Wednesday, June 28, 2006

Roses before all the rain.............

Roses! We have around 28 different roses: wild or species roses, old roses (some of which date to the Renaissance) and the rest are mostly Canadian super hardy roses. Although it hasn’t happened in the past few years, the temperature can get down to 25 below zero.

The photo with only one kind of rose is “The Milford Rose,” which dates back to the late 1700 and was brought here by the Pinchot family of Milford. It appears to have come from France and is very, very fragrant.

Behind the feverfew,the Apothecary rose is in the foreground, Nearly Wild behind that and a nameless very old rose in the back.

In the bottom photo, the white rose is Frau Karl Drushki; the pale pink is New Dawn and the red one is Blaze.

Luckily I got these photos before all the rain turned most of the blossoms to mush.

Sunday, June 18, 2006

Hats and flowers

The flower gardens look nice now. Most have been weeded, but need to have over-large clumps of things divided. It had been so cool that the flowers have held on much longer than usual. Only problem with that soon the Japanese beetles will be out and ready to eat the roses that haven’t finished blooming.

I did get some knitting done. I tried a hat from Charlene Schurch’s Hat’s On - - a totally wonderful book available from Schoolhouse Press. I love the braided bands so I added one at the bottom of the darker hat and then used a slightly different pattern for the grey/white hat. I was amazed at how the hats blocked out. I thought the braid was going to pull in, but it is very stretchy.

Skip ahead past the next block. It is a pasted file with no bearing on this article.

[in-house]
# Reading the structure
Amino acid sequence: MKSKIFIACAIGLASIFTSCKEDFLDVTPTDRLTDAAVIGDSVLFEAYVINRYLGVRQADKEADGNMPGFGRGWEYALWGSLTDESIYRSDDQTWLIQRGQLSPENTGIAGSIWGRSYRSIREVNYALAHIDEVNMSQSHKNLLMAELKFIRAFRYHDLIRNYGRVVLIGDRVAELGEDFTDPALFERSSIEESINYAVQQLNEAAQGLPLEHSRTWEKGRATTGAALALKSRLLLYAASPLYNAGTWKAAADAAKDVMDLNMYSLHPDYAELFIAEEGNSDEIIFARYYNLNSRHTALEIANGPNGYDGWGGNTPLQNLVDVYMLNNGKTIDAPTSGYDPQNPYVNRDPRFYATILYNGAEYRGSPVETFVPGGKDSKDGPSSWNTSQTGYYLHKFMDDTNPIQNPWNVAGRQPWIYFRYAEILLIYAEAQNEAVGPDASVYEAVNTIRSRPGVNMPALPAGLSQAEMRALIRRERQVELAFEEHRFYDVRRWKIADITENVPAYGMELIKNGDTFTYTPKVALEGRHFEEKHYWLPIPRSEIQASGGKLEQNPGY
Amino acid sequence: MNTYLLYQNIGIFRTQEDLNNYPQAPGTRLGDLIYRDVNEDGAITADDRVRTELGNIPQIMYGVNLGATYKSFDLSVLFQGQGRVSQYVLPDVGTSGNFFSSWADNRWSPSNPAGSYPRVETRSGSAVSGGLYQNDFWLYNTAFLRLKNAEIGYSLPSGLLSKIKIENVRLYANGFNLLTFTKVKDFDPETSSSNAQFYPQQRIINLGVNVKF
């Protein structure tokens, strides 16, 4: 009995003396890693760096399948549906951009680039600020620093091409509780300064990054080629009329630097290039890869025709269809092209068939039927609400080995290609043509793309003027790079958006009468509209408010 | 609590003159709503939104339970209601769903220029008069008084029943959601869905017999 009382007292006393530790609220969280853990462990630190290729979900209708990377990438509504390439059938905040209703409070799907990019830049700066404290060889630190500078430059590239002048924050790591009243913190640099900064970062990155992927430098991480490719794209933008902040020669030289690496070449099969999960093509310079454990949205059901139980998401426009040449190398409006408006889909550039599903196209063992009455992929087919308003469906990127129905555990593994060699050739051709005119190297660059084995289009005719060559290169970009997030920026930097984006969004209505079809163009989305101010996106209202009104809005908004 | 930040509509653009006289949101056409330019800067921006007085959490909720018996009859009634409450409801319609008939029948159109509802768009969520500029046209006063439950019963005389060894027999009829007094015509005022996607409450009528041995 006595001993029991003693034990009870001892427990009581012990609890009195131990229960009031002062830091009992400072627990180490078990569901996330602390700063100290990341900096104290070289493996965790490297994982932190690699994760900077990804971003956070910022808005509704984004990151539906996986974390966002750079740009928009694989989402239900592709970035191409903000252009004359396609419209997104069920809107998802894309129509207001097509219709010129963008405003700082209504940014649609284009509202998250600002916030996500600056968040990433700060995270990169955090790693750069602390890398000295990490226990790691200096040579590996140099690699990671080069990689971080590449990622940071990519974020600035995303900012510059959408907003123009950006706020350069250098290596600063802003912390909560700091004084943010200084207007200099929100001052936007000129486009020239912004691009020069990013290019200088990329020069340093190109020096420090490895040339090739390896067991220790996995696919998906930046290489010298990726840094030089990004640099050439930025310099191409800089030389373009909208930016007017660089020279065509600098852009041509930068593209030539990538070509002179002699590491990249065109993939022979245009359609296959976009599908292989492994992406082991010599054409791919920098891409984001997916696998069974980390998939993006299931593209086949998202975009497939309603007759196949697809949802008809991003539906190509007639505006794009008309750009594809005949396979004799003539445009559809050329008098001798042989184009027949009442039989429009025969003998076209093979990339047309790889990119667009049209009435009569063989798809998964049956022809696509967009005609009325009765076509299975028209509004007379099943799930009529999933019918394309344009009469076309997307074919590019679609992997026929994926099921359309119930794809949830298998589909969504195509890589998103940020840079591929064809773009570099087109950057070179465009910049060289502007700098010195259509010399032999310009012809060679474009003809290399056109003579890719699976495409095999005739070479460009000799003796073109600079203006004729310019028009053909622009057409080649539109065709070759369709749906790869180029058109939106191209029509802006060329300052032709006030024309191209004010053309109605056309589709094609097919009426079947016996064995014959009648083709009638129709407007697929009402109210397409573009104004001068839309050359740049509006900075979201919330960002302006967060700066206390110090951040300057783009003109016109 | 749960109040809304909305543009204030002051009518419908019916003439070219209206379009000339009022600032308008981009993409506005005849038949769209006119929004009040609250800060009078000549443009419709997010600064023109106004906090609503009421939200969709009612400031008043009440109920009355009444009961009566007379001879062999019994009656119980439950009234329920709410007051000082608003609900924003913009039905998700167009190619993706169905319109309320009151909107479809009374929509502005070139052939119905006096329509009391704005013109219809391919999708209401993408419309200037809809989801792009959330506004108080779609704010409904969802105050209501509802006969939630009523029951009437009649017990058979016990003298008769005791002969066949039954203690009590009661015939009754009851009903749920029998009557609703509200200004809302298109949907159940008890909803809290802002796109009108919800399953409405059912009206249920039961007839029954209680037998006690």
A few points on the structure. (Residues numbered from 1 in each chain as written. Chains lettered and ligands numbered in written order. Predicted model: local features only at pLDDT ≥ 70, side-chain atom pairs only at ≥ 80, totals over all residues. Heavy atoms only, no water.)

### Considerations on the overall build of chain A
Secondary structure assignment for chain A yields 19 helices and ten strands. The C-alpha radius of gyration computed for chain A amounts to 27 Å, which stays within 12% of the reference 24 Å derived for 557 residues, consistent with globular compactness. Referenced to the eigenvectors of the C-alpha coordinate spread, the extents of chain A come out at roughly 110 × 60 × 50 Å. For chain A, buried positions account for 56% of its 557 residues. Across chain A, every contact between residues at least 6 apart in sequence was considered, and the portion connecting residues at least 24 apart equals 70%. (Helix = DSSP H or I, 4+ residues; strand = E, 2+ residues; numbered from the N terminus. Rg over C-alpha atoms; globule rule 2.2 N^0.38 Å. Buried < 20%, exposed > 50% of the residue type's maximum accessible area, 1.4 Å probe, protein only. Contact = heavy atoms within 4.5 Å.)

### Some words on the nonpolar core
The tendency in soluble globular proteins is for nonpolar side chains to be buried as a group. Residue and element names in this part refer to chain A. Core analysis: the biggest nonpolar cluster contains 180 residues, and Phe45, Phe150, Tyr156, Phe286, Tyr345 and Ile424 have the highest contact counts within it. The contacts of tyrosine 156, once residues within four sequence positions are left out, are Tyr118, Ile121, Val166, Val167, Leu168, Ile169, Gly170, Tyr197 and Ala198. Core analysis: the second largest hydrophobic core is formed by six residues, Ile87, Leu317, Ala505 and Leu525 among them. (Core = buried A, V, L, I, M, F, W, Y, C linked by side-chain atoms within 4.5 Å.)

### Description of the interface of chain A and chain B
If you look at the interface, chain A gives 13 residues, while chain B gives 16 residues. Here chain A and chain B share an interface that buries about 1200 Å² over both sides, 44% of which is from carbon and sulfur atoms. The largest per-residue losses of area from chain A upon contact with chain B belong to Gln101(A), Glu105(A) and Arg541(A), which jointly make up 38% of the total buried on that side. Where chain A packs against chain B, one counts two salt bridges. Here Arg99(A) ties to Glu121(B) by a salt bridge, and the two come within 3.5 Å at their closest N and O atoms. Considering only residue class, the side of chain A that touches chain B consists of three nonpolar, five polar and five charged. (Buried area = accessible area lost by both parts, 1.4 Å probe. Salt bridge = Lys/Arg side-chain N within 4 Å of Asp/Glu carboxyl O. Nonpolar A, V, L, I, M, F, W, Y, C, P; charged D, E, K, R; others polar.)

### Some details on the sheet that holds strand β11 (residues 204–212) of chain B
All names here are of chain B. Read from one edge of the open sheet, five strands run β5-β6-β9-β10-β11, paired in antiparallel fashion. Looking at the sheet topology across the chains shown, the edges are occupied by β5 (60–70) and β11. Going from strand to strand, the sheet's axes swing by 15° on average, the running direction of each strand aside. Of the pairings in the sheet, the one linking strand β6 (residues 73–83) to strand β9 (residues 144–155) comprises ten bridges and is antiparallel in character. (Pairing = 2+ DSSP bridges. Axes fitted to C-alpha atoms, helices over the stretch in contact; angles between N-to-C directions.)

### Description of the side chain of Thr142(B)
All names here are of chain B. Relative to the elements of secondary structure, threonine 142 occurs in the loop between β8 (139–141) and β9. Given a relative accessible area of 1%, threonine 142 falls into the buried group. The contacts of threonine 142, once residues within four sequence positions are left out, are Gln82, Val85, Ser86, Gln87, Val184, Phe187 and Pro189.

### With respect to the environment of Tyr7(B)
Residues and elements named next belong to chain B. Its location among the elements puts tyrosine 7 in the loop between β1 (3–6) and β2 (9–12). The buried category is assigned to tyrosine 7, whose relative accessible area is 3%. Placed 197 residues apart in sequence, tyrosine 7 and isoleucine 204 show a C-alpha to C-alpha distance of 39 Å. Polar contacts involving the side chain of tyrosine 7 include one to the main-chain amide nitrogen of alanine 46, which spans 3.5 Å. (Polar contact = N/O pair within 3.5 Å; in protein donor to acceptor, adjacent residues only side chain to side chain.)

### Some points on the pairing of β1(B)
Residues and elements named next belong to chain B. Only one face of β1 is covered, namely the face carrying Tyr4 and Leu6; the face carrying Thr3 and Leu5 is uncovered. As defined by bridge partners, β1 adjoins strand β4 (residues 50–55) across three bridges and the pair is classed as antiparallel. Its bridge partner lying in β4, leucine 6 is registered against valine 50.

Saturday, June 10, 2006

Gypsy moth plague

I have neglected my blog, but I have a good excuse. Gypsy moth caterpillars were going to eat all our trees again this year. The photo is from last year when they were destroying a chestnut oak. All our oak, maple and white pine trees were stripped bare last year. Their favorite trees are oaks. Of the oaks the one they like the best is the chestnut oak then the white oak and after that the red oak. The leaves are arranged from left to right.

And then the moths laid more eggs than I have ever seen here. So I scraped egg cases off everything I could as high as I could reach and then when the tiny caterpillars hatched, I started spraying everything as high as I could reach with Dipel - - bacillus thuringensis.

We participated (translation: paid for) in the county spray program so that helped immensely. Two days after the county sprayed, the ground was covered with dead caterpillars from the treetops. Nonetheless, some of the trees on our two plus acres are dead or dying.

The battle here is over, but in the surrounding heavily forested areas we have driven through in Pike and Wayne Counties that were not sprayed the trees are bare of foliage and it looks like fall. This year we have seen very few squirrels, most likely because there were no acorns or pine cones for them to eat over the winter.

The gypsy moth was a fiber accident gone horribly wrong. A researcher trying to get them to produce silk accidentally let some escape.